08/03/09 — What do you see when you think engineer? Our non-engineering colleagues might envision a middle-aged man at a construction site, sporting a hardhat and poring over a set of plans. But we know that engineering has exploded in recent years due to globalization, the IT and biotech booms, clean energy and a host of other factors. As Lawrence Fisher reports in our spring Forefront ("Engineering evolved"), the field today is so broadly multidisciplinary that new applications require the talents of everyone from "software savants and materials mavens" to "aerospace adepts."
Education & outreach
08/03/09 — Daryl Chrzan, a noted researcher in the field of computational materials science, is a diehard skateboarder. Besides carving the bowls at local skate parks, Chrzan loves to think about the science behind the sport. The Berkeley professor of materials science and engineering considers such questions as the physics involved in stunts, the evolution of the skateboard wheel, the limits of a skateboard's strength and even the g-forces experienced in spectacular spills. For the past two years, Chrzan has posed-and tried to answer-those puzzles in a one-unit freshman seminar called Physics and Materials Science of Skateboarding. His hands-on class puts a new spin on a popular, if educationally unsung pastime.
06/04/09 — “If you haven't gotten the ideal job yet, don't take any job! Be bold and creative: take a year off. Look for great leadership development opportunities. Become a volunteer math or science teacher in underserved communities in America or in poor villages in Africa, South America or Asia.”
02/02/09 — As we listened to President Obama's inaugural address on January 20, we were encouraged by his remarks emphasizing the role of science. However, the nation's research community would be shortsighted to take these words simply as an invitation to submit funding requests and expand programs. Instead, we must mobilize quickly to identify the most ambitious challenges we are capable of tackling-in other words, our “moon shots” for the 21st century.
01/01/09 — Wielding screwdrivers and shears, a crew of Oakland middle-school girls was doing some serious damage to a pair of hapless computers. The girls pried open a PC tower and a laptop and eagerly began extracting such components as the memory, hard drive and power supply. "This is awesome," said Jessica Nguyen, a sixth grader at Montera Middle School. "It's so much fun to take things apart!" Berkeley Engineering alumnae are volunteering as mentors for Techbridge, an Oakland-based program that introduces girls in grades 5 through 12 to technology, science and engineering with a variety of after-school and summer activities.
09/02/08 — For the average teen, “What I Did on My Summer Vacation” doesn't normally involve building a faster supercomputer, perfecting a lab on a chip or designing a device called an optical antenna that sniffs out bomb residue. Thanks to an innovative UC Berkeley summer program, 15 high school students conducted hands-on research on these and other high-flying topics--all linked to groundbreaking nanoscale science and technology work taking place on campus. The Summer High-School Apprenticeship Research Program turns teens into bona fide scientific investigators.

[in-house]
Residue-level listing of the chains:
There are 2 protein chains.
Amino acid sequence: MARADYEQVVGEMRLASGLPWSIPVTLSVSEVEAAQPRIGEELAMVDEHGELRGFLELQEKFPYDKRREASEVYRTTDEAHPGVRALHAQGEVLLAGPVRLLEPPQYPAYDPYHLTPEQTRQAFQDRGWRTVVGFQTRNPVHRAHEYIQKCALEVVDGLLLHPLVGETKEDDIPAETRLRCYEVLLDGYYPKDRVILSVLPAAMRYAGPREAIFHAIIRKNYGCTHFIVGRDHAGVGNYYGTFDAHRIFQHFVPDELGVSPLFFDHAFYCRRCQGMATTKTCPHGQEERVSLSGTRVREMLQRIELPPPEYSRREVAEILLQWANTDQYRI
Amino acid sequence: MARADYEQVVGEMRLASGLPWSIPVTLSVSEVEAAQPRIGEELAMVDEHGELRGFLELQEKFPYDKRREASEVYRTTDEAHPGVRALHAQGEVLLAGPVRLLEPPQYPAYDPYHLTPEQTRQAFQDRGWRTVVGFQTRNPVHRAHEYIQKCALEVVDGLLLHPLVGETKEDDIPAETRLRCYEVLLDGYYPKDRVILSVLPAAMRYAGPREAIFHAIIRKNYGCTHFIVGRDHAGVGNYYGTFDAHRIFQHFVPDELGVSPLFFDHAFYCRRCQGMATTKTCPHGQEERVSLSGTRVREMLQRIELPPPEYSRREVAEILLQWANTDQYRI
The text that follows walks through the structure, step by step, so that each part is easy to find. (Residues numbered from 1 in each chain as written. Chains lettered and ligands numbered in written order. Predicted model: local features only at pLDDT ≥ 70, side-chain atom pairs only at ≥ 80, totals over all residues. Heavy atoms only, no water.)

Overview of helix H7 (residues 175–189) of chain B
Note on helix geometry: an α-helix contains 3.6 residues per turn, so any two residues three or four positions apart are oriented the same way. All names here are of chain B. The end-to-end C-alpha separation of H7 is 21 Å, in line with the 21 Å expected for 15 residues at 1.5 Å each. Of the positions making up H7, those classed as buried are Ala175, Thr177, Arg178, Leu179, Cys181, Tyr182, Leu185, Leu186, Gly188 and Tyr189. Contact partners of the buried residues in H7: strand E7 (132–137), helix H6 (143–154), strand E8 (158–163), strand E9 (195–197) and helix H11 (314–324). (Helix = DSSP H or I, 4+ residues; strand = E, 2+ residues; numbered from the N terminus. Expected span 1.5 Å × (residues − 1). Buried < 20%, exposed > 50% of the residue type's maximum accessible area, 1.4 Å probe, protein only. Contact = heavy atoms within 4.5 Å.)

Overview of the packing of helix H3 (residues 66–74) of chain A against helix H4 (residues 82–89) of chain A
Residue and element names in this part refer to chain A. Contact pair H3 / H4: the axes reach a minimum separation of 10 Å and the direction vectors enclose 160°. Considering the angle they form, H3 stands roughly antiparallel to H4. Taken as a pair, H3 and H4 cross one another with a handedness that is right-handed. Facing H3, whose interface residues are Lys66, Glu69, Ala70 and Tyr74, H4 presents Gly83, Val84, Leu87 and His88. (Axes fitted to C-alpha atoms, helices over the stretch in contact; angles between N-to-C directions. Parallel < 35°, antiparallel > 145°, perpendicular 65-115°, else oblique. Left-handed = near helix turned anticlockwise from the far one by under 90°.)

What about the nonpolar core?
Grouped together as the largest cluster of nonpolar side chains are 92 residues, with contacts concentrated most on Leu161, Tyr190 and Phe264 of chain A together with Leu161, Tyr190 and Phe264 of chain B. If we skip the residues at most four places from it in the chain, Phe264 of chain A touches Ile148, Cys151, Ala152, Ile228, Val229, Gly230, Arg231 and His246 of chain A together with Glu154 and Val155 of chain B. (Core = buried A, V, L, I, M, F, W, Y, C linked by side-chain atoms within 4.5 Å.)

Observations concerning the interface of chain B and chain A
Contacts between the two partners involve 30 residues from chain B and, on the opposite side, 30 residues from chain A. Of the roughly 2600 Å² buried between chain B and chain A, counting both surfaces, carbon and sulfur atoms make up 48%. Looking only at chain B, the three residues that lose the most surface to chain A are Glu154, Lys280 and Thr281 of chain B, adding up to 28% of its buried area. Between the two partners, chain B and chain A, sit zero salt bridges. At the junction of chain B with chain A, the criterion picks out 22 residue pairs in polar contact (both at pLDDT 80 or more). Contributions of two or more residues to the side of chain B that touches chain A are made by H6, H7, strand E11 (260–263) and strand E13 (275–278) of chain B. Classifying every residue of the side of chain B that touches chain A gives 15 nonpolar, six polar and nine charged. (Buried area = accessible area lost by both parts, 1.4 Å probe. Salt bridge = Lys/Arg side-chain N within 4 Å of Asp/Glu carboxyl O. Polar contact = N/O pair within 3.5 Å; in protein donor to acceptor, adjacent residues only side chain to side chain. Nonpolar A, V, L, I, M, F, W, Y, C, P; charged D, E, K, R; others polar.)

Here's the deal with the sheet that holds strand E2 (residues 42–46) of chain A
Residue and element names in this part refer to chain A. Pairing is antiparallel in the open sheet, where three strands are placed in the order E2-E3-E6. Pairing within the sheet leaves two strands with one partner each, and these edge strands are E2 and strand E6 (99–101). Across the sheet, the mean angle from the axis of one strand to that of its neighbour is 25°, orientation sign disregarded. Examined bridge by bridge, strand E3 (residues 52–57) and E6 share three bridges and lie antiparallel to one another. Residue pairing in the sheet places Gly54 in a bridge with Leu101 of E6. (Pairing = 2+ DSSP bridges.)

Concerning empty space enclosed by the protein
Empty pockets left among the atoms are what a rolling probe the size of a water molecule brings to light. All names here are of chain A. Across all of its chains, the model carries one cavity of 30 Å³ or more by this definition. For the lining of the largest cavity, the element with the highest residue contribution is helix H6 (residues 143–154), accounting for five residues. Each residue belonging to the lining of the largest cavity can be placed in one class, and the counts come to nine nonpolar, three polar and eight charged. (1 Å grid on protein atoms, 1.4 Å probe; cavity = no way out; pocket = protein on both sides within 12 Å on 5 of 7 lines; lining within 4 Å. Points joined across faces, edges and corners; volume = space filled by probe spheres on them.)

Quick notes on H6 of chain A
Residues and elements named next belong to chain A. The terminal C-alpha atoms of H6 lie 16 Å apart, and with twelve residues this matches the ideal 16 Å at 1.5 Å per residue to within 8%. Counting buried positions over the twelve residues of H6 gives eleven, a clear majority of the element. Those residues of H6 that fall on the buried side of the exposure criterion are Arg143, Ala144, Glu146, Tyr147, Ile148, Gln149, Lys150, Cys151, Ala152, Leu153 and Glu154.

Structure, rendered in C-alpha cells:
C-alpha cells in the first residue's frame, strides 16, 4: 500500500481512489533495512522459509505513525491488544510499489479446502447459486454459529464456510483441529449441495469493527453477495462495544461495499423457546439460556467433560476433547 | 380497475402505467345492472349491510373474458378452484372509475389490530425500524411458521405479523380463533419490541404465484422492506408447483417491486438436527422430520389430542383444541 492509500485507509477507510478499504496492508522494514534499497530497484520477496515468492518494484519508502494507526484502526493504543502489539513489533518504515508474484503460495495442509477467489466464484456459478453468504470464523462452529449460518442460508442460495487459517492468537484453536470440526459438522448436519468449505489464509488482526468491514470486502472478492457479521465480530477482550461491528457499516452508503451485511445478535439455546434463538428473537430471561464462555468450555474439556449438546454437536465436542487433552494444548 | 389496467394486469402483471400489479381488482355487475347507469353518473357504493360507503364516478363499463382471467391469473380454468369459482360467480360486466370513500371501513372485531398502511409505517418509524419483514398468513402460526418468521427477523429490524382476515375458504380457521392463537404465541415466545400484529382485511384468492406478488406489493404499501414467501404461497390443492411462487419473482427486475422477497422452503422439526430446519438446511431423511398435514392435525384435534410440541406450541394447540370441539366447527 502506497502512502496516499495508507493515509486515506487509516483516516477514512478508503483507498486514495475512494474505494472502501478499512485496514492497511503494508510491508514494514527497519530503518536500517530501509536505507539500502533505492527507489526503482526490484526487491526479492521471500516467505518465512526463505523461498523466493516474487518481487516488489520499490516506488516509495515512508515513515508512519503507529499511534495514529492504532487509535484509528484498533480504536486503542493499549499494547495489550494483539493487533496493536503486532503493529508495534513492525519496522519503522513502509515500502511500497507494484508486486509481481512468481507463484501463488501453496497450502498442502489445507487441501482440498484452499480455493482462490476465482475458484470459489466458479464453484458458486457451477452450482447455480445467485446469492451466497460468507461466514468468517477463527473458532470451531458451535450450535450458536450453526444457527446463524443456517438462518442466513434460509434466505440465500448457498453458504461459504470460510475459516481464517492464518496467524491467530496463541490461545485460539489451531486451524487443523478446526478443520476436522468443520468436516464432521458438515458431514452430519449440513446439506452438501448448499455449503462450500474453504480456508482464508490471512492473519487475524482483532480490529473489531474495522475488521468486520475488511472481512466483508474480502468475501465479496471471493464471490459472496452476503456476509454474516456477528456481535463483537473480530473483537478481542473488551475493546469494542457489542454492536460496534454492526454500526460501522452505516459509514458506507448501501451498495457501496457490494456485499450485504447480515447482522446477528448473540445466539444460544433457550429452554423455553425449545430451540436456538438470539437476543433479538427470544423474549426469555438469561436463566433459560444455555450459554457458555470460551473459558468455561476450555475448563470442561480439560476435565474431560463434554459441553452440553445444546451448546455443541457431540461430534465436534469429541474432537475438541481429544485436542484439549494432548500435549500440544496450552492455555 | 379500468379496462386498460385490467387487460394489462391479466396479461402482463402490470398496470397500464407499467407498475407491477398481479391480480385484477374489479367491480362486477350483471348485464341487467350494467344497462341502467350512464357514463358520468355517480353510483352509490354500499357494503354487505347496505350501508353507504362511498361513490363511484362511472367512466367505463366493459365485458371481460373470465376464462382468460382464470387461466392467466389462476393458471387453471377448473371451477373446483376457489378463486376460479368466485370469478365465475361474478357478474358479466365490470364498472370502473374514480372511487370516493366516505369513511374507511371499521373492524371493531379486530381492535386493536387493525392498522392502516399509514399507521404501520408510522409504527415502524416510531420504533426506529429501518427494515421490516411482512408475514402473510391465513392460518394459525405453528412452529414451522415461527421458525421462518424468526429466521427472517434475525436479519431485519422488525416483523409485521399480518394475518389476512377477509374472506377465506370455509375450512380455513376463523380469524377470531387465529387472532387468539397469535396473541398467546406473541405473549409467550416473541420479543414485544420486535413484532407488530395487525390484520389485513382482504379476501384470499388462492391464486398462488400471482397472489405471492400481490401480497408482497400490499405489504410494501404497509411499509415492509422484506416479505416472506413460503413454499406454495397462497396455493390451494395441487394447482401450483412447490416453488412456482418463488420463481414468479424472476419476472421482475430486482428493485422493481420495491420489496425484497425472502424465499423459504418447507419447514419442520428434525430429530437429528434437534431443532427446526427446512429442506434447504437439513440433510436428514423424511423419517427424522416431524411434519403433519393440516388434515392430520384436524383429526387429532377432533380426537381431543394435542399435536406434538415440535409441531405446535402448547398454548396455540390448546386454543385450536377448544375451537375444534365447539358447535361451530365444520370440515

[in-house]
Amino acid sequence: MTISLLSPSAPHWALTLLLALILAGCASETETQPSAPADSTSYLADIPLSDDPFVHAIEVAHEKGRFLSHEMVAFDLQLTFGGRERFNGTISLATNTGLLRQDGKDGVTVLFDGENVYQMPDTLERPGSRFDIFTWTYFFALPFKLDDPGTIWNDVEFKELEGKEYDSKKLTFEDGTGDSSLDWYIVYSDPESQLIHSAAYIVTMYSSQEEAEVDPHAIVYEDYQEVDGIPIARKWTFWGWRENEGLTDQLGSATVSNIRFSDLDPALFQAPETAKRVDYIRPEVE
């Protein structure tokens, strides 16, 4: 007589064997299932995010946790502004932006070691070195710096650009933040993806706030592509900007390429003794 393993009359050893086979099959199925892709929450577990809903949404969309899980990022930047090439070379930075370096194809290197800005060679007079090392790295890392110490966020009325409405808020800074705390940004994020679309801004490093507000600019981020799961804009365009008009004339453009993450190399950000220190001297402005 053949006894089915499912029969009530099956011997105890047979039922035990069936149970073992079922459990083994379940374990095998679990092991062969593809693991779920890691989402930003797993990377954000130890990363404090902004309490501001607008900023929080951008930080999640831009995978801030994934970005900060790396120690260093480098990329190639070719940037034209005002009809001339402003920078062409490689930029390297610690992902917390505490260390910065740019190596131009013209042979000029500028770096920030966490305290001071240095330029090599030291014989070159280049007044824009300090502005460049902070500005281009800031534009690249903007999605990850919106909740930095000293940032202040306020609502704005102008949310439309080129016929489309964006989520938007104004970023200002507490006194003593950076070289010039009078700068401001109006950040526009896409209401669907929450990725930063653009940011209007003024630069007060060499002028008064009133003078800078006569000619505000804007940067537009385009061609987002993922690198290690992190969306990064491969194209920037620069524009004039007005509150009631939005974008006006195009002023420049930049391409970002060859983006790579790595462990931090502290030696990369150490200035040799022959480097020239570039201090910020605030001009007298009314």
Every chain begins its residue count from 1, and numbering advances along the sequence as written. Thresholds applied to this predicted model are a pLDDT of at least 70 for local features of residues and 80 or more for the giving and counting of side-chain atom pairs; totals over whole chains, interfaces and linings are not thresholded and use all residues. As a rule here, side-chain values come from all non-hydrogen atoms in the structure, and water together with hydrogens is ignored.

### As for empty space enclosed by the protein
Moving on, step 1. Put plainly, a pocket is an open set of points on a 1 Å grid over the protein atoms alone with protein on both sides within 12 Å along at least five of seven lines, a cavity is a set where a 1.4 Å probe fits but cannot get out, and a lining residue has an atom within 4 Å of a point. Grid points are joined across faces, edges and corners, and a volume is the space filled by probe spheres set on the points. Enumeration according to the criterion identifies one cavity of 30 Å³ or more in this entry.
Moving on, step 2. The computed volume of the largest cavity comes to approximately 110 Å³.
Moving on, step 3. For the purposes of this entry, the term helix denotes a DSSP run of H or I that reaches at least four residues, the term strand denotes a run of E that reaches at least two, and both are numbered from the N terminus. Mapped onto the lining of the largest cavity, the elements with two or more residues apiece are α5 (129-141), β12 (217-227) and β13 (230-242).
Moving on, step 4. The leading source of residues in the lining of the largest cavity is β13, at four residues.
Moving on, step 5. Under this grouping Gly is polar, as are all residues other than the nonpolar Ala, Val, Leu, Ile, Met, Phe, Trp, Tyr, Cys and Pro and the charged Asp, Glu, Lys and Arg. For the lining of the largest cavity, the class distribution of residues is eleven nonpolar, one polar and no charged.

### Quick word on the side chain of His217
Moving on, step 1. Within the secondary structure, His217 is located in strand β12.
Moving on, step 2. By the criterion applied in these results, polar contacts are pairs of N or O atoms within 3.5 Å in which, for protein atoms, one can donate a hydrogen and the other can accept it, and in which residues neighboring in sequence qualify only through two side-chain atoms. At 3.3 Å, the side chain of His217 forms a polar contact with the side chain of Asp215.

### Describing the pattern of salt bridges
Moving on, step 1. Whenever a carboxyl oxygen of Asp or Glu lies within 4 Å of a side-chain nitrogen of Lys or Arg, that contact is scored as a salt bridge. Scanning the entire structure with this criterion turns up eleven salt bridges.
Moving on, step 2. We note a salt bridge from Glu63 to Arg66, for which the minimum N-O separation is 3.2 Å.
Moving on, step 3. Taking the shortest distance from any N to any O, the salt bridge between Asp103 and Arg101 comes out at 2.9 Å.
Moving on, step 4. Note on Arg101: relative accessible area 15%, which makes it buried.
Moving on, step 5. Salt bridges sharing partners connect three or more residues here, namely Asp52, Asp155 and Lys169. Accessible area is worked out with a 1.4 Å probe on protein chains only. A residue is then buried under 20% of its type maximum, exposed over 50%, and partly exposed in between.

05/02/08 — For Berkeley-trained Sung-Mo "Steve" Kang, the work of a university chancellor is a lot like engineering. "Think of integrated circuits," says Kang (Ph.D. '75 EECS), who in March began his second year at the helm of UC Merced. Just as a chip relies on a network of connections to operate smoothly, so does a college campus. With that in mind, Kang is taking a collaborative approach to building his young institution into a world-class research university.
04/02/08 — Yes, it is a bold foreign partnership that has generated considerable controversy. But it is also an unprecedented opportunity for UC Berkeley to get involved at ground level in building a new research university, performing stellar multinational research, and facilitating constructive relationships in the Middle East.
02/02/08 — When the governor speaks about our profession, we listen. In the run-up to his January state of the state address, Governor Schwarzenegger invoked some startling statistics about our engineering workforce and proposed a plan to fortify it.
01/02/08 — As someone who came to Berkeley 30 years ago as an international student, I was pleased to see that international enrollments are up significantly for the first time since the post-September 11 backlash cast a chill over immigrant-friendly policies at U.S. colleges and universities.